This week more than 1,000 health workers are gathering in Brighton for Unison’s annual healthcare conference.
The hall will be full of NHS workers including nurses, occupational therapists, hospital cleaners and cooks as well as midwives, healthcare assistants, medical secretaries, porters and administrative staff from every corner of Britain.
Even before I get there, I know that the mood of the conference will be one of anger and frustration — because I share that feeling.
We have a coalition government that is only too happy to use hospitals and nursing staff for a photo opportunity, but which continually runs down the NHS and talks up the so-called “benefits” of more competition from private health companies.
They may pose side by side with a nurse, but when it comes to giving nurses and health workers a decent pay rise, they’re nowhere to be seen.
What the government has done to the NHS and its staff since coming to power is nothing short of a national scandal.
The three-year pay freeze and cap on wages has seen the value of health workers’ pay fall by between 10 and 14 per cent — figures that represent real hardship for individuals and families across the country.
And to add insult to injury, in March the government ran roughshod over the independent Pay Review Body’s report and handed a 1 per cent non-consolidated pay increase only to those at the top of their incremental scale. At one stroke the government denied 70 per cent of nurses in England a pay rise.
The government clearly hasn’t a clue about the way that increments work. They are not a substitute for the annual pay rise that is needed to meet the increasing cost of living.
They are designed to reflect the growing skills and experience of nurses and other healthcare workers and are by no means automatic. And it exposes the contempt the government has for the NHS and health workers.
That’s why members are angry and that’s why we will be calling for a ballot for industrial action, because enough is enough. It is very rare for NHS staff to contemplate strike action because patients are their number one priority.
But rarely have staff felt so strongly about they way they are being treated and rarely have they had so many reasons to feel that way.
The NHS runs on the goodwill of staff who routinely work over their hours and through breaks to care for patients.
A new survey of nursing staff found that more than half (53 per cent) worked beyond their contracted hours and 58 per cent skipped some or all of their breaks.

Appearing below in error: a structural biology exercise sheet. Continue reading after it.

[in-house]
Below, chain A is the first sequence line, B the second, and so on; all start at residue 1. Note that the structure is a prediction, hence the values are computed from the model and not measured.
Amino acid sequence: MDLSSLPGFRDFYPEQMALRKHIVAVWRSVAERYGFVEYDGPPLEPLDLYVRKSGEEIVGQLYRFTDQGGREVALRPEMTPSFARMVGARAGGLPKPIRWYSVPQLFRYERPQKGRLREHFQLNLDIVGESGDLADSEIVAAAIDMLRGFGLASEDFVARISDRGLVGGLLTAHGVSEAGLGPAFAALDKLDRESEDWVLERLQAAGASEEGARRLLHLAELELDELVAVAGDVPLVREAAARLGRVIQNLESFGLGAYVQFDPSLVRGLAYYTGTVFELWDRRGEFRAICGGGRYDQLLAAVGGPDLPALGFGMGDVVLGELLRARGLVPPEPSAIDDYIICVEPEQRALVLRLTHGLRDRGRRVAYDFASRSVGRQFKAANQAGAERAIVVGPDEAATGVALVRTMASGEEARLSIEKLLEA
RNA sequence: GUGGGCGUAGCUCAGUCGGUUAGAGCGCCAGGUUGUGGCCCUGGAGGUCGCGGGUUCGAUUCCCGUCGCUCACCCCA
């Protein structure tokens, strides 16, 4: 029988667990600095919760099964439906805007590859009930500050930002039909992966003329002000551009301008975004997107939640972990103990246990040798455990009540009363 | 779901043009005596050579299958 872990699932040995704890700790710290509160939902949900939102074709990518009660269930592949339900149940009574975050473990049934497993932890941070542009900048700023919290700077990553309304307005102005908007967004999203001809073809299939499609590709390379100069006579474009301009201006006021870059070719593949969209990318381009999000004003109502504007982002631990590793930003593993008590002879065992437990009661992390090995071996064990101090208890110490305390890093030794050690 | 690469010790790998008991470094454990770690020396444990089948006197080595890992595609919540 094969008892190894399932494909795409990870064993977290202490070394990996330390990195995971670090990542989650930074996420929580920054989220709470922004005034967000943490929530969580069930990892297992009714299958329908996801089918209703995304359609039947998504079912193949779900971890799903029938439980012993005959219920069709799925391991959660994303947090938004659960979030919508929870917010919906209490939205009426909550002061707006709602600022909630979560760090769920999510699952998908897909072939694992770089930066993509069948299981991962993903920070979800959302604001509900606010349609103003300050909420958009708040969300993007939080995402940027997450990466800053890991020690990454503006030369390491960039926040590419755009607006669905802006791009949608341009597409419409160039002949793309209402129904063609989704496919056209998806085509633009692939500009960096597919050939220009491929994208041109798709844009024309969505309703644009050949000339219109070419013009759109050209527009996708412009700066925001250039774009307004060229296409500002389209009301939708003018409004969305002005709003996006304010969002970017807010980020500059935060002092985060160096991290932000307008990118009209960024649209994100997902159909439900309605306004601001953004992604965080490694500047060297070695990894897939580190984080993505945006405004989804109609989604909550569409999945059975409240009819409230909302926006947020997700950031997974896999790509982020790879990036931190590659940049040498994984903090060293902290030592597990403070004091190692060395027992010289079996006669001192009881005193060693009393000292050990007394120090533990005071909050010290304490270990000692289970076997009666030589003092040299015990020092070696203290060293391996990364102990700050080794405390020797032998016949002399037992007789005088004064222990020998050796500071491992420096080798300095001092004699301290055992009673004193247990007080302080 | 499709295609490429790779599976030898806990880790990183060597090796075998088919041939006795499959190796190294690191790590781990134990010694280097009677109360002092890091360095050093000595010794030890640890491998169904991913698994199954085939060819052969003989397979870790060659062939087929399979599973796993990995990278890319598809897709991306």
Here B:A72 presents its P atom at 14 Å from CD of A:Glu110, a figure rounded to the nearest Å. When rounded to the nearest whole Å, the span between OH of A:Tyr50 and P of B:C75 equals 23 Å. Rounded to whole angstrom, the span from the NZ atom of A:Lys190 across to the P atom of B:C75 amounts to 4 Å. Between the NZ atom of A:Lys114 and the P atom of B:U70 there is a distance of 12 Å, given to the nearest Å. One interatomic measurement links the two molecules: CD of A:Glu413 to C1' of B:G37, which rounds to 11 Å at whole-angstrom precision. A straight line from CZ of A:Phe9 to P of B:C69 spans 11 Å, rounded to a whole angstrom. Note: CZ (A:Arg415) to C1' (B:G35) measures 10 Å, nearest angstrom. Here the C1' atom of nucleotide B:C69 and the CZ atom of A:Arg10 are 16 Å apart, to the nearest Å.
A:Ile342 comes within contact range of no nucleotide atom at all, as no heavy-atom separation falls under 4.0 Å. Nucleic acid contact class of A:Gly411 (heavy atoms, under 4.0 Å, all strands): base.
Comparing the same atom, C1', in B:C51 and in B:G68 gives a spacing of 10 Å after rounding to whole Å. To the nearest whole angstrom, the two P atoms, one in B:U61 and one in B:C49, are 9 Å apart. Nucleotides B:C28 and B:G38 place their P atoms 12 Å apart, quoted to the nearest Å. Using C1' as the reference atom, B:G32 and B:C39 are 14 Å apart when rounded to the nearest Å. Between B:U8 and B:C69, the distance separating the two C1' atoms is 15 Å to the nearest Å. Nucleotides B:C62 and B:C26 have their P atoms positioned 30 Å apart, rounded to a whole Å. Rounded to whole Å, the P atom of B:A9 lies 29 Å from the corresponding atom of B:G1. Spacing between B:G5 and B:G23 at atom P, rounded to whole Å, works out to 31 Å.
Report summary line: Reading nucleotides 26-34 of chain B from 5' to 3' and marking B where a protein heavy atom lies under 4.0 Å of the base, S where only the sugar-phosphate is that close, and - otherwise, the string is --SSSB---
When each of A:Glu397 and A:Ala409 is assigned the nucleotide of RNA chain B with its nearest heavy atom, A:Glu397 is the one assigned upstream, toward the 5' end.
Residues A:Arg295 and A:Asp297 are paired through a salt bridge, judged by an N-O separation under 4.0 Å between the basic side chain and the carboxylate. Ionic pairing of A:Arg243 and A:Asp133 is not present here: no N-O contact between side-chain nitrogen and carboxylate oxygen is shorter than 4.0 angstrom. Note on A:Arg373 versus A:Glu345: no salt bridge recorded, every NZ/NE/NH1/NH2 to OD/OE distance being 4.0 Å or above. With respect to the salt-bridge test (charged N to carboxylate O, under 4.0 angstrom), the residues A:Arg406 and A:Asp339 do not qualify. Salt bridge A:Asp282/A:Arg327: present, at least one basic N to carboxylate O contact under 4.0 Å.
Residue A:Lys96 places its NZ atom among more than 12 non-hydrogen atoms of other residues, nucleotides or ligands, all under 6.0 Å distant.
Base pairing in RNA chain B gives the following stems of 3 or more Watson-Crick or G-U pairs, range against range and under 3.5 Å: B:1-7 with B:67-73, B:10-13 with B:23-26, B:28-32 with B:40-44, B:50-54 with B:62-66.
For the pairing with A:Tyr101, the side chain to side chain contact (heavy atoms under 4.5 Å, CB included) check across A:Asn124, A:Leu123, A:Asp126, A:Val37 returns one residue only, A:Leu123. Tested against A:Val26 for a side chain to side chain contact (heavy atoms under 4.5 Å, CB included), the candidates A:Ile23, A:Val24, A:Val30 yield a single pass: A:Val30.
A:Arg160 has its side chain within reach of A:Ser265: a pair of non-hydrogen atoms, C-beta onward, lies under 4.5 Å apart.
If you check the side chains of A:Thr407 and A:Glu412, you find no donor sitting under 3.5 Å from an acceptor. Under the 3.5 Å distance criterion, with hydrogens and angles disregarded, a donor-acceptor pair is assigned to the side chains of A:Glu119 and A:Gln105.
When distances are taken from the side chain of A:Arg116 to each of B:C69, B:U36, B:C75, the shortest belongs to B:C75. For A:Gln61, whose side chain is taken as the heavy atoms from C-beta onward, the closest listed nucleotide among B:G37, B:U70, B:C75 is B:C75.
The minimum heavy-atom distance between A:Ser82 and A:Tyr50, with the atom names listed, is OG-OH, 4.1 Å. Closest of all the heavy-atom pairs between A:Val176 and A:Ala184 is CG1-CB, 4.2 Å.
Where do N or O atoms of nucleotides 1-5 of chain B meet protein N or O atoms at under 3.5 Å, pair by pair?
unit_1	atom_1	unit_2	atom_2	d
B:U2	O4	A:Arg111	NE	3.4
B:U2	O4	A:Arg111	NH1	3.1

That’s because there are not enough staff on the wards to deliver the high standard of care they want to give.
And the reason there are not enough staff is because the government — contrary to what they claim — has effectively cut the NHS budget.
Since the health service began it has needed a 4-5 per cent annual increase in its budget, just to stand still.
But demand for NHS services doesn’t stand still and neither does the cost of more complex medical procedures or drugs.
The money that should have been spent on improving patient care and ensuring fair pay for NHS staff has been squandered by this government on their massive top-down reorganisation of the NHS.
It has cost the NHS and taxpayers £1.5 billion and 10,000 jobs — Andrew Lansley’s vanity project that should never have got started.
Freezing the NHS budget has led to a catalogue of cuts and closures, as well as staff having their pay down-banded or allowances cut.
It has led to hospitals struggling with large debts becoming prey for private health companies like Circle and Care UK.
Unison is proud of the major role it played in the recent successful fight against the franchising of the George Eliot Hospital — but make no mistake, other hospitals are at risk in places like Peterborough and Cambridge. So the fight goes on. We cannot let this government get away with their blatant privatisation plans.
Passions will rightly be running high at the health conference and directing that passion into fighting against this government’s assault on the NHS and on members’ pay and conditions will be Unison health group’s and my number one priority, in the coming months, right up to the election.
Christina McAnea is Unison head of health.
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